If you’ve ever been to the Metropolitan Museum of Art in New York and looked at the labels describing its many Egyptian artifacts, you would think they were all discovered in Europe. The Rogers Fund, gifts of Edward S. Harkness, gifts of the Egyptian Exploration Fund (a group of wealthy English travelers and adventurers) and the museum itself, among others, are thanked for bestowing such an expansive collection of antiquities to visitors of the Dawn of Egyptian Art wing. Apparently, the dawn of Egypt came when Europeans arrived to witness it.
At 9:30 am on mid-July day, the Met was already filling with tourists and their cameras. After a very long year living in Cairo, I went into the Egyptian art wing hoping to find another reason to be impressed by this ancient part of the world where the Nile meets the Mediterranean. I wasn’t disappointed.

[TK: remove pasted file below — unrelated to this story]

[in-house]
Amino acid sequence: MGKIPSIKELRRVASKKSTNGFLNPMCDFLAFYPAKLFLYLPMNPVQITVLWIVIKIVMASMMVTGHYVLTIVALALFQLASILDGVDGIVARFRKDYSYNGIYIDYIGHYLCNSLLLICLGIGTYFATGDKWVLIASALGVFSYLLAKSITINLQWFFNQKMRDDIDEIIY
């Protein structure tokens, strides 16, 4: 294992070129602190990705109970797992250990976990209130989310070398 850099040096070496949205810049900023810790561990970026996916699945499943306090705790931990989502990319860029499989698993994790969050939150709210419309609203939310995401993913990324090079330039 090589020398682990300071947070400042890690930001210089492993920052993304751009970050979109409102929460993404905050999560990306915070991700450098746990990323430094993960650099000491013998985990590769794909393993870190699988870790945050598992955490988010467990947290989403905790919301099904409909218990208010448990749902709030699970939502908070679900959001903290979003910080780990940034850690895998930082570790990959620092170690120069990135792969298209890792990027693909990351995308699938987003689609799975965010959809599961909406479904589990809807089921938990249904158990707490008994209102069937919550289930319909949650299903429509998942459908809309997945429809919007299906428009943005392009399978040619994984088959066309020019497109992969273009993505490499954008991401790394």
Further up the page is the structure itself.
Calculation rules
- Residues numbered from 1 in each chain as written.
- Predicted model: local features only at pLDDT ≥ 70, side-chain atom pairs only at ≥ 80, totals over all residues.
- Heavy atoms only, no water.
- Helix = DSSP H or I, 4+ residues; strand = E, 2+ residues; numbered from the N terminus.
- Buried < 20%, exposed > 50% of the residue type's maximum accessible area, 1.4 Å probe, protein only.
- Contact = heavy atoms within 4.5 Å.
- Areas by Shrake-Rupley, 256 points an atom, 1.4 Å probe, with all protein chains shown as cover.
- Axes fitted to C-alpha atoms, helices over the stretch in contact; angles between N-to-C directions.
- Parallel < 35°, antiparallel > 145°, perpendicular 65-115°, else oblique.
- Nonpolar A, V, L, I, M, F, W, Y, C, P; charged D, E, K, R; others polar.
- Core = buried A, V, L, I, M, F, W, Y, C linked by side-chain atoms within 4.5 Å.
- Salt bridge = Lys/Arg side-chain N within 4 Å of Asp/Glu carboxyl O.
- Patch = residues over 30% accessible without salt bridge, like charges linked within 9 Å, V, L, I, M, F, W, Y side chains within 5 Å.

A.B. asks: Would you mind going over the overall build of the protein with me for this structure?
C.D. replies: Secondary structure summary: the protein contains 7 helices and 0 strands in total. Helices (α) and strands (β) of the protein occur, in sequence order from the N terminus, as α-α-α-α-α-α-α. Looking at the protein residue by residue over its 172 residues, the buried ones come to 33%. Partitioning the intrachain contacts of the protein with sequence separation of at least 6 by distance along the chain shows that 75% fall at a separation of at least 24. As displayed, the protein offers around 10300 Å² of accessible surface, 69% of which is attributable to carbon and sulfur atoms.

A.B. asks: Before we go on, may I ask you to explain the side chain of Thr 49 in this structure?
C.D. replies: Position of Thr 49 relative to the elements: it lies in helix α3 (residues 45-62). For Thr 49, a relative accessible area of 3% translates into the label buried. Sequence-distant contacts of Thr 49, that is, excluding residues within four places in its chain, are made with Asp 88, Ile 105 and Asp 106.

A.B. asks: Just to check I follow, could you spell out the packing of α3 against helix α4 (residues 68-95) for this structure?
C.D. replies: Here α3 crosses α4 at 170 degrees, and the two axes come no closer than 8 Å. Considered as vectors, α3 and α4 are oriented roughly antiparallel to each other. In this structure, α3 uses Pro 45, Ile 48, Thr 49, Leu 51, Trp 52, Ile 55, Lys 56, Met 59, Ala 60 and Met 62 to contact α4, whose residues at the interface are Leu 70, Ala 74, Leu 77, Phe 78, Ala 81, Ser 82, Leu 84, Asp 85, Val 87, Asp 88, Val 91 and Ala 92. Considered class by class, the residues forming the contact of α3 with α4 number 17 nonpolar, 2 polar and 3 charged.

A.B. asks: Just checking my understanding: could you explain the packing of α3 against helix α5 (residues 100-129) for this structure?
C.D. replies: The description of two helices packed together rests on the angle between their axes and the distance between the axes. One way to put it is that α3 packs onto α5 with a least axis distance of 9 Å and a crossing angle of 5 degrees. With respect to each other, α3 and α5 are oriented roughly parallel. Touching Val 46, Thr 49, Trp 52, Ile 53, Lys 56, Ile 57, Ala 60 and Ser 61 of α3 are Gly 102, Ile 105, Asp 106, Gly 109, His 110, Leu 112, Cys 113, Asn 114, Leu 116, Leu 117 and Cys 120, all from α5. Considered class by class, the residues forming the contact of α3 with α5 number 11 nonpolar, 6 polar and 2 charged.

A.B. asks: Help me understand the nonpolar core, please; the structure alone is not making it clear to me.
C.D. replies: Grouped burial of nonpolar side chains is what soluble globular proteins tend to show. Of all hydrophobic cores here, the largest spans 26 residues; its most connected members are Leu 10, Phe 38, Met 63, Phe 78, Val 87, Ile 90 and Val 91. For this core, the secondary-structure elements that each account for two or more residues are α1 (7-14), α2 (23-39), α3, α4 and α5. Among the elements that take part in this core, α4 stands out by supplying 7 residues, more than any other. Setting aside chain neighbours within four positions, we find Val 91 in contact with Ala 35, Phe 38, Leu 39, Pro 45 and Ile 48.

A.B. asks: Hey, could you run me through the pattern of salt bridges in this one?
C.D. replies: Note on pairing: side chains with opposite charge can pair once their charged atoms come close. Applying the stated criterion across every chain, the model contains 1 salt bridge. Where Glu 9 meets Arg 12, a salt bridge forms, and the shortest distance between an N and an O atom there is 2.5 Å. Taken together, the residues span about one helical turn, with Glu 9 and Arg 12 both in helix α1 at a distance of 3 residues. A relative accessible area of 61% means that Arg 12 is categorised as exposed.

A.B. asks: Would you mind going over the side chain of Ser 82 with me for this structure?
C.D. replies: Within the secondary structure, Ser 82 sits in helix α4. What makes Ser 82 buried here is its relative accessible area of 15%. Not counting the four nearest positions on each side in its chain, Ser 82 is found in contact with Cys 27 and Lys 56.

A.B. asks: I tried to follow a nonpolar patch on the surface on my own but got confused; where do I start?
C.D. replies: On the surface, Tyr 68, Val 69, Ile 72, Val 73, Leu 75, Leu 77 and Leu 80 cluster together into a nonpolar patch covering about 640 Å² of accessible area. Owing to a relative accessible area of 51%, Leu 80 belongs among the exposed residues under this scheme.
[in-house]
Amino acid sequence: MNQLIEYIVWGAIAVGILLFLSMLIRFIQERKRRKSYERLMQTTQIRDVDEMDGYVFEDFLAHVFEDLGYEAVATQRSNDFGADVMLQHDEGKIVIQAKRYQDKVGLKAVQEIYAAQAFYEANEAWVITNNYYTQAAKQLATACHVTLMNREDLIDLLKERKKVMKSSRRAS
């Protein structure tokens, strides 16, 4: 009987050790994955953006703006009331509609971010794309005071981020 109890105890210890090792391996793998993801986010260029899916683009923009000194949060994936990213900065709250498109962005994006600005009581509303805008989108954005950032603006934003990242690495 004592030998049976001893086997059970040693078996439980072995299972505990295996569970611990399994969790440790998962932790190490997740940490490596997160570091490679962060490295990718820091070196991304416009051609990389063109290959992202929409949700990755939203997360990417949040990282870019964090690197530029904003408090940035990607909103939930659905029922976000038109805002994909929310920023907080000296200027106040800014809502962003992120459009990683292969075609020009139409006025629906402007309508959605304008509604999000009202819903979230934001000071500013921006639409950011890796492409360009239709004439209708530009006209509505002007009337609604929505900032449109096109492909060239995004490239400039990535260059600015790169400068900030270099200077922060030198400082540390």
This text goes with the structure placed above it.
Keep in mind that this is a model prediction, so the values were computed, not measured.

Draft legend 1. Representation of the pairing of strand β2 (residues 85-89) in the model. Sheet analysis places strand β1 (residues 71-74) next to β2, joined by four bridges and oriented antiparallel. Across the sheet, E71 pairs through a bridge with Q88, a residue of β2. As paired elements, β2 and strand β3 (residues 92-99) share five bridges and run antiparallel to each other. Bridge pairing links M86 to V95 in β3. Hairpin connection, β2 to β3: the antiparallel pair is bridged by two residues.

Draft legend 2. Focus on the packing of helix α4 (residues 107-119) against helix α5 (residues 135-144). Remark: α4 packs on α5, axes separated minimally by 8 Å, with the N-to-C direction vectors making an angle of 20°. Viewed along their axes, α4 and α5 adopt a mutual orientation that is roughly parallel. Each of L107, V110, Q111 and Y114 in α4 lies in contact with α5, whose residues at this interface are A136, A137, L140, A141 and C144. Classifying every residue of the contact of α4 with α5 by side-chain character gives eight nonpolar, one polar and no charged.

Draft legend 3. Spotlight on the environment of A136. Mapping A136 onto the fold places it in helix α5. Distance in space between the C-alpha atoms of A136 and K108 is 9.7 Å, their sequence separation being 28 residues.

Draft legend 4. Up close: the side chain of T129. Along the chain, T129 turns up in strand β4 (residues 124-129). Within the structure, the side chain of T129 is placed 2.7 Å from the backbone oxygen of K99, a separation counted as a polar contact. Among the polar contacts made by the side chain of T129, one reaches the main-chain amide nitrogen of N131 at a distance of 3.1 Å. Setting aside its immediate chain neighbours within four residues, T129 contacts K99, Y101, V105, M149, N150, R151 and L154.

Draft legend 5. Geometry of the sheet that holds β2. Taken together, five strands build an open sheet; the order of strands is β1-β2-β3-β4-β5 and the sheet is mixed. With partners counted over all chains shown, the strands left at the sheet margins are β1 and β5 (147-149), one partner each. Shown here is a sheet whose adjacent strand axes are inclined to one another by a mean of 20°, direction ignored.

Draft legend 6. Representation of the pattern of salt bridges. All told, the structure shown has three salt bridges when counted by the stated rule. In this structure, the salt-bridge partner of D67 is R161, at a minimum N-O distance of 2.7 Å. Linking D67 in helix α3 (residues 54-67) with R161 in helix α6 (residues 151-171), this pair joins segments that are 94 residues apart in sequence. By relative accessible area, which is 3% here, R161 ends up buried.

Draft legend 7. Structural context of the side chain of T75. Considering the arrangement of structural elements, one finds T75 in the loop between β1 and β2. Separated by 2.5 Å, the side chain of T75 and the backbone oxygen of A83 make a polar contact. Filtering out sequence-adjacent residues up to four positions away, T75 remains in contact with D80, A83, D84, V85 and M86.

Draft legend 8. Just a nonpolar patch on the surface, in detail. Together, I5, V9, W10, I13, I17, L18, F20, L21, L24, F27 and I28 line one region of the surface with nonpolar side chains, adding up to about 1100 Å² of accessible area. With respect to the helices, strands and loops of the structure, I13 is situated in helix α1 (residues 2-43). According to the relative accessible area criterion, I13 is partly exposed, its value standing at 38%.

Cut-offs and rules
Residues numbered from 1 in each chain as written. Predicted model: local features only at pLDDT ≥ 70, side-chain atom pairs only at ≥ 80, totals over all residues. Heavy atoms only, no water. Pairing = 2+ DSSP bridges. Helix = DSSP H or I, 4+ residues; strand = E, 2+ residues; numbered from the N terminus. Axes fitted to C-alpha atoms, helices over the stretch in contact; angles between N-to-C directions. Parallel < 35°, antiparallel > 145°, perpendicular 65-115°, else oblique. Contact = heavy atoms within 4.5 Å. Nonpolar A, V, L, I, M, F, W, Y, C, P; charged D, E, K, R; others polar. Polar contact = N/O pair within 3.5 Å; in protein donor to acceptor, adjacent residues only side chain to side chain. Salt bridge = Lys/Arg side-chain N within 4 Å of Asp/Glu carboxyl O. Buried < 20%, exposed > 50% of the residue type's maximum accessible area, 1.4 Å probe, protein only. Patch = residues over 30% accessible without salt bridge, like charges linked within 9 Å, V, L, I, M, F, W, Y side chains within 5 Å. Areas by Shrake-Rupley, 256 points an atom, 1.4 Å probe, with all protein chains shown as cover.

The wing is a shrine to all that is beautiful in Egypt’s history, and tourists come to pay pilgrimage. Egyptians with “Call me Dave!” or “Hi, I’m Peter!” pinned to their chests speak with Queens, a New York borough, and New Jersey accents. They lead large groups through the warrens of the exhibit, weaving biblical history into their explanations of certain objects and antiquities.
Each item is carefully displayed. Walls have been lovingly shellacked to house the small shards of a mural that once decorated the inside of a tomb. They are spaced far apart from each other; curators and Egyptologists have filled in the lacunae with simple line drawings that illustrate the complexity of the mural. A large plaque below the piece explains where it came from, who discovered it, what the hieroglyphs mean and why these paintings were created in the first place.